Print version ISSN 0036-4665
Rev. Inst. Med. trop. S. Paulo vol.41 n.3 São Paulo May 1999
Mycobacterium tuberculosis was isolated from a central venous catheter in a non-immunosuppressed patient with systemic tuberculosis.
This case report represents a very uncommon form of isolation of Mycobacterium tuberculosis. A total improvement was obtained after treatment.
KEYWORDS: Mycobacterium tuberculosis ; Bacteremia; Sepsis; Blood.
A 45 year-old man, with fever, cough and weight loss (4 kg/30 days) was admitted to the hospital. The chest X-ray shows left pleural effusion, and infiltration on both lungs. The patient underwent a central venous catheterization and after the catheter removal Mycobacterium tuberculosis was identified from it at the microbiology laboratory. The anti-HIV test was negative.
The patient received antimycobacterial therapy for six months with total improvement.
The material obtained from the luminal side of the catheter was Gram-stained and a neutral gram bacilli were observed, suggesting mycobacteria. In the presence of acid fast bacilli by the Ziehl-Neelsen, the material was planted in Lowenstein-Jensen and 30 days after, a Mycobacterium spp was isolated. The germ was sent to the Reference Mycobacteriology Laboratory and was identified as Mycobacterium tuberculosis. Growth more than 7 days, non pigmented colonies, niacin positive, in Ogawa with drugs (PNB negative and TCH positive).
Despite their medical therapeutic qualities, catheters serve as a major focal point for infections, either as consequence of colonization of the canula wound or of the surface and/or luminal side of the catheter itself. In most instances the offending microorganisms have been species of Staphylococcus, Streptococcus, gram-negative bacilli, Corynebacterium, and Candida5,7.
The recognition of nontuberculous mycobacteria, especially Mycobacterium chelonae, as cause of infection in the setting of long-term indwelling intravascular catheters has only recently gained the appreciation of clinicians and microbiologists1,2,4.
In the present report, we describe a patient with pleural and pulmonary tuberculosis who developed a central venous catheter-associated bacteremia caused by M. tuberculosis.
The M. chelonae is now being increasingly recognized as the cause of catheter-related infections, specially in patients with cancer1,4. They can cause exit site infections, tunnel infections or catheter associated bacteremia with disseminated disease. These rapidly growing mycobacteria are ubiquitous in nature, found in soil, water and dust. They also have been isolated from the respiratory and gastrointestinal tracts of humans without evidence of disease. On the Gram-stained smear they appear to be Gram-positive bacilli and are often mistaken by Corynebacterium species6.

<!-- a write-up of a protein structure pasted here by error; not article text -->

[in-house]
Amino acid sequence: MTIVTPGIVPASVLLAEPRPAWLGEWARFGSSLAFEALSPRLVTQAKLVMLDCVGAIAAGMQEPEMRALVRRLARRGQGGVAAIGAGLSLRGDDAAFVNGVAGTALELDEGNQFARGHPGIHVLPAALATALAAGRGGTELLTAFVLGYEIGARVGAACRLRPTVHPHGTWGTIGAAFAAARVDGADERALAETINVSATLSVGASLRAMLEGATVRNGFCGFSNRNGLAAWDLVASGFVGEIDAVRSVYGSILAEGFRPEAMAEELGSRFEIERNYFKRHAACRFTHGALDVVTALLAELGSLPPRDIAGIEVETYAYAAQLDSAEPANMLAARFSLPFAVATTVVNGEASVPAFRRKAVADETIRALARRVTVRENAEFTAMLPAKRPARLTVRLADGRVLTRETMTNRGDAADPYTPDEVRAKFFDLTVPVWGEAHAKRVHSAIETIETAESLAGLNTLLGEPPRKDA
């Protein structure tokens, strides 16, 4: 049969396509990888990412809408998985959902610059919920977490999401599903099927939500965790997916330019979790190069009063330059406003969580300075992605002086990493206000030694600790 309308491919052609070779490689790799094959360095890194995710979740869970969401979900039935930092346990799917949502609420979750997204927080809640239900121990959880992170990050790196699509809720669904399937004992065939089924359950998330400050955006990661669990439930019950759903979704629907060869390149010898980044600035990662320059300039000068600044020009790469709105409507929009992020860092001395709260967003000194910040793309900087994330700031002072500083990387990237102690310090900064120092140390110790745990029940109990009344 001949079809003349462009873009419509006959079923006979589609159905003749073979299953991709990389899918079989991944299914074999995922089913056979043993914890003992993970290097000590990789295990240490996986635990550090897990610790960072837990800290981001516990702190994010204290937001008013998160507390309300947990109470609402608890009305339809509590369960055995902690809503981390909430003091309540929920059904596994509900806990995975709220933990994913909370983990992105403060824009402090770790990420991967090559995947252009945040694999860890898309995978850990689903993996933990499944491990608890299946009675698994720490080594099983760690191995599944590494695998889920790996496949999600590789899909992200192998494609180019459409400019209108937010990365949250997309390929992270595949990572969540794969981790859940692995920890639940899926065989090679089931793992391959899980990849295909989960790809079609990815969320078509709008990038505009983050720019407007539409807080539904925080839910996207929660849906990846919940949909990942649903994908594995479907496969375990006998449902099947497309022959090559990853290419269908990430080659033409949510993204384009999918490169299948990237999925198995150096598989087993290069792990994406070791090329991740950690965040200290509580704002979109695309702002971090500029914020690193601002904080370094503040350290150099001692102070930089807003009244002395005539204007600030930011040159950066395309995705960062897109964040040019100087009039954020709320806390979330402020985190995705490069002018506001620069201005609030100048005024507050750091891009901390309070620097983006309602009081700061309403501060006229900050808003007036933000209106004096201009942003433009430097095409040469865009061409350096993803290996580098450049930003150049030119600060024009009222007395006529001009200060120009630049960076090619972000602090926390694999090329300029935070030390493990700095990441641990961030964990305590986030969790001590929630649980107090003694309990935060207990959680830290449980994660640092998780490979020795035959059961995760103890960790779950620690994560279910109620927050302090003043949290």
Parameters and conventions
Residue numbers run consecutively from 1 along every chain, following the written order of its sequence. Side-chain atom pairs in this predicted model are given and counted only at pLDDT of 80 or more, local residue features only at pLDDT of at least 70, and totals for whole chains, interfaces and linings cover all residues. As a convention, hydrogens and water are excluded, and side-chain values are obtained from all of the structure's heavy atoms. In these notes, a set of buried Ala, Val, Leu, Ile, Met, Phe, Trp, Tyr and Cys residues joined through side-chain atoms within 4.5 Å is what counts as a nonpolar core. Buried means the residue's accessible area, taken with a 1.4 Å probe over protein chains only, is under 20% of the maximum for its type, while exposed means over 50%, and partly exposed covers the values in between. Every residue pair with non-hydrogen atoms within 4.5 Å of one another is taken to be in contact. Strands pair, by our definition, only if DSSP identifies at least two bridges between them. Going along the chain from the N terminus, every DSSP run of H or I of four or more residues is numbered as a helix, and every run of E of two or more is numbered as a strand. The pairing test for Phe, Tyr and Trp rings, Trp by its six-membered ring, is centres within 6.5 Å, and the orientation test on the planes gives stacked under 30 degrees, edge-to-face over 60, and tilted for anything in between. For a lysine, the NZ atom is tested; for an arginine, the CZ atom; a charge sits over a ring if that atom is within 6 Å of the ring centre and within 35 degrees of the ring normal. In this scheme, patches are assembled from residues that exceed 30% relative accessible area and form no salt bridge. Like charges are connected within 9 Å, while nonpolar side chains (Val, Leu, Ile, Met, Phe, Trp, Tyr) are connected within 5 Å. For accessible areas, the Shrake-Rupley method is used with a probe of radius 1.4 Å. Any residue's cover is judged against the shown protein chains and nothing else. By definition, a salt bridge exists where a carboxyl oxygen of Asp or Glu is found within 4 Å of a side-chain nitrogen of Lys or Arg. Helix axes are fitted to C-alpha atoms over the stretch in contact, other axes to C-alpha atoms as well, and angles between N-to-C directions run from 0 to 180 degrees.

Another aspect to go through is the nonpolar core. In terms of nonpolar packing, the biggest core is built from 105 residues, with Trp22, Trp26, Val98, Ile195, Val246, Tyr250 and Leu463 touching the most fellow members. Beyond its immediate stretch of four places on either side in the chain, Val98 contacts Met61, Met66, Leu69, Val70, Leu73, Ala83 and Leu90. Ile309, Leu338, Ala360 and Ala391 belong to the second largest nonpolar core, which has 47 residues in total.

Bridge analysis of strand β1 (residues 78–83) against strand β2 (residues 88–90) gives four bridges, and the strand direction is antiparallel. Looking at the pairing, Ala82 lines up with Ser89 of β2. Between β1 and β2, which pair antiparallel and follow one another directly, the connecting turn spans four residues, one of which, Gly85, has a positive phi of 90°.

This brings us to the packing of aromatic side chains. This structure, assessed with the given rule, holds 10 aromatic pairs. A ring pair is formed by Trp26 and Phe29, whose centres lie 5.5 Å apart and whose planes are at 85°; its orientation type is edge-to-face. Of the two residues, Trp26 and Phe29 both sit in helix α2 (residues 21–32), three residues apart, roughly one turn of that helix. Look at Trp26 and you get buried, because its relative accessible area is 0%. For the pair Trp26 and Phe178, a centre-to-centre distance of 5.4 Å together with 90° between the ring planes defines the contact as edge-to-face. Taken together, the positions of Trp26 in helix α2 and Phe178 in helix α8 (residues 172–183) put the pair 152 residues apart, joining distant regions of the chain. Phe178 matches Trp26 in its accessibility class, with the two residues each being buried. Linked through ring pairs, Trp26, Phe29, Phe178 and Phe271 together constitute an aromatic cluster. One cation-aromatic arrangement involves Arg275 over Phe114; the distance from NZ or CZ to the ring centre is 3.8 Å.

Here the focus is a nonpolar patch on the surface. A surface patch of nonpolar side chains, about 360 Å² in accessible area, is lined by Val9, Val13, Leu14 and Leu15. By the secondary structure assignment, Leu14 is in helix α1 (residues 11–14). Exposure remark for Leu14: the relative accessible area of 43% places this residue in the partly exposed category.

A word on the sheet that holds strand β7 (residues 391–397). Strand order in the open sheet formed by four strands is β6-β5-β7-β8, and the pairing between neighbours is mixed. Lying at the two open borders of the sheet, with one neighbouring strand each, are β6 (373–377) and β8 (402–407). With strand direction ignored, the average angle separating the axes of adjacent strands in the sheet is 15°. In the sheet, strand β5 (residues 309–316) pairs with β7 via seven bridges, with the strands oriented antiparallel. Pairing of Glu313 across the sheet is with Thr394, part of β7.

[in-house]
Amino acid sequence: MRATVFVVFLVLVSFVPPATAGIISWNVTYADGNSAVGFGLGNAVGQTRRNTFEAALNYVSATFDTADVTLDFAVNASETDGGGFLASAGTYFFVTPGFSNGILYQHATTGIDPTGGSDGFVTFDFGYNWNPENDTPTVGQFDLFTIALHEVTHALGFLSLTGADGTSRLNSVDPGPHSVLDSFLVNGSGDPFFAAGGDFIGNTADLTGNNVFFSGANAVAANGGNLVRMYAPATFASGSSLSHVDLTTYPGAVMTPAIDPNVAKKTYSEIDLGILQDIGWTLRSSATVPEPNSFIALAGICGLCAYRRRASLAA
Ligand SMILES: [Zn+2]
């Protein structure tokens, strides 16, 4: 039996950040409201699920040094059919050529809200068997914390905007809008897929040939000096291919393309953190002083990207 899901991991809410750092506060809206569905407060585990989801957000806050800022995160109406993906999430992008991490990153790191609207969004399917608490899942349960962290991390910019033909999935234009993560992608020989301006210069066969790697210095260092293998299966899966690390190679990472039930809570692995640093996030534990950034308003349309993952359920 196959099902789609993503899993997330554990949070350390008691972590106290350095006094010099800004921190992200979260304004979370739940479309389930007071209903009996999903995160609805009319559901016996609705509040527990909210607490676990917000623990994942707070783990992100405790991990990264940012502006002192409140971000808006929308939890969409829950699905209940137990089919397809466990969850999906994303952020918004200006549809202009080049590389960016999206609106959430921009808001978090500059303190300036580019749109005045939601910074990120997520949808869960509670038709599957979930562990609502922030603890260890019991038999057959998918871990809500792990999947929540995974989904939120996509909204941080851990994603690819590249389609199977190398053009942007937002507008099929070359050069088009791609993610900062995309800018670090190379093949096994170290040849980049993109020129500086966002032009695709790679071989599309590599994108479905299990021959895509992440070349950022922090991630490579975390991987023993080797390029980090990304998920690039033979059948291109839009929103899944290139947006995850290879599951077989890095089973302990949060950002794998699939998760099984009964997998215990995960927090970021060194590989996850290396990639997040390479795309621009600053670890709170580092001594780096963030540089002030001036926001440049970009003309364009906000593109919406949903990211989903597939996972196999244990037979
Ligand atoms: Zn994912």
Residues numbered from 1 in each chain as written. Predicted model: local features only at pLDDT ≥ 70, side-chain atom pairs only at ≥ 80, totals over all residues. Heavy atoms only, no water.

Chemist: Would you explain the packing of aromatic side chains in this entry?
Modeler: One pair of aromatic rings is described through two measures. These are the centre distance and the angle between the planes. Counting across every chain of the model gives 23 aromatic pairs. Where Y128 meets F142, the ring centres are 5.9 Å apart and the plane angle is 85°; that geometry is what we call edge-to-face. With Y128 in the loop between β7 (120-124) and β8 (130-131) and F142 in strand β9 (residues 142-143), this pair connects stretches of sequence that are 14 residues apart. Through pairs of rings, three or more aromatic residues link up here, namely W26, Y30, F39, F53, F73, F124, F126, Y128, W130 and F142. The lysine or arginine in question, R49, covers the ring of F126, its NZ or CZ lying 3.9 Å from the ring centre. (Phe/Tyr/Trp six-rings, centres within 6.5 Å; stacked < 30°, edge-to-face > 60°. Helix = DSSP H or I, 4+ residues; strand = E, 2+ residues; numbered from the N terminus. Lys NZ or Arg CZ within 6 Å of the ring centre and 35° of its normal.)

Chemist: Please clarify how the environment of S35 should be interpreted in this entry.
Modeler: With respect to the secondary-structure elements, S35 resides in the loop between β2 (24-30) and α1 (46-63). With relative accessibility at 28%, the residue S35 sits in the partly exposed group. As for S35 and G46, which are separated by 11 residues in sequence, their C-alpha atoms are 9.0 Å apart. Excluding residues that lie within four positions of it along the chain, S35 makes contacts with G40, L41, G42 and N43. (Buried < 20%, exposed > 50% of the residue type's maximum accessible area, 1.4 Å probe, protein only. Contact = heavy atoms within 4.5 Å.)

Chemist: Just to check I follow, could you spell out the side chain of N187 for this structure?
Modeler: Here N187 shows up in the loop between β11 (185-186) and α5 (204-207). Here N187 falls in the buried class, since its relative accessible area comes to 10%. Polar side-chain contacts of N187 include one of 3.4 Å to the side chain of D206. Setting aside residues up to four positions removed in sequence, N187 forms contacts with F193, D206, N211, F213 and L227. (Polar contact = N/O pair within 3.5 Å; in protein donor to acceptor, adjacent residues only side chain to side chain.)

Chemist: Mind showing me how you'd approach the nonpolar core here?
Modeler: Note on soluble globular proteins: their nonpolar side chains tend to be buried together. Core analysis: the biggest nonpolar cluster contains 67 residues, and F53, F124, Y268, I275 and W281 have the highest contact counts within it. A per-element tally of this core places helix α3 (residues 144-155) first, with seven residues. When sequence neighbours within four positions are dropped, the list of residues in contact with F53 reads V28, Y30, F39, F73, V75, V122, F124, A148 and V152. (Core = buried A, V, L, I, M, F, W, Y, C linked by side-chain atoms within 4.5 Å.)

The report of a M. tuberculosis catheter associated infection seems to be very unusual, and it was possible to detect this germ, in this report, because of the meticulous routine done during the processment of the specimen. It was crucial to detect the organisms. The microscopy was very helpful to indicate the presence of the M. tuberculosis on the catheter because of the Gram-stain neutrality5. The presence of Gram neutral bacilli on the smear was fundamental to the decision to plant the specimen on Lowenstein-Jensen.
Um caso de bacteremia associada a cateter vascular causada por Mycobacterium tuberculosis em paciente não imunossuprimido
Relatamos um caso de isolamento de Mycobacterium tuberculosis de cateter venoso central. O paciente apresentava tuberculose miliar e nenhum sinal de imunossupressão. O tratamento com tuberculostáticos foi efetivo.
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(1) Laboratório de Microbiologia Clínica, Instituto Especializado em Pesquisa e Diagnóstico (IPD), Santa Casa, Porto Alegre, RS, Brasil.
(2) Pavilhão Pereira Filho, Santa Casa, Porto Alegre, RS, Brasil.
(3) Laboratório Central da Fundação Estadual de Produção e Pesquisa em Saúde, Secretaria de Saúde e Meio Ambiente do Estado do Rio Grande do Sul, Porto Alegre, RS, Brasil.
Correspondence to: V.F. Petrillo, IPD - Santa Casa, Annes Dias 285, 90020-090 Porto Alegre, RS, Brasil. Fax 051 214 8435; e-mail: firstname.lastname@example.org
Received: 09 June 1998
Accepted: 06 April 1999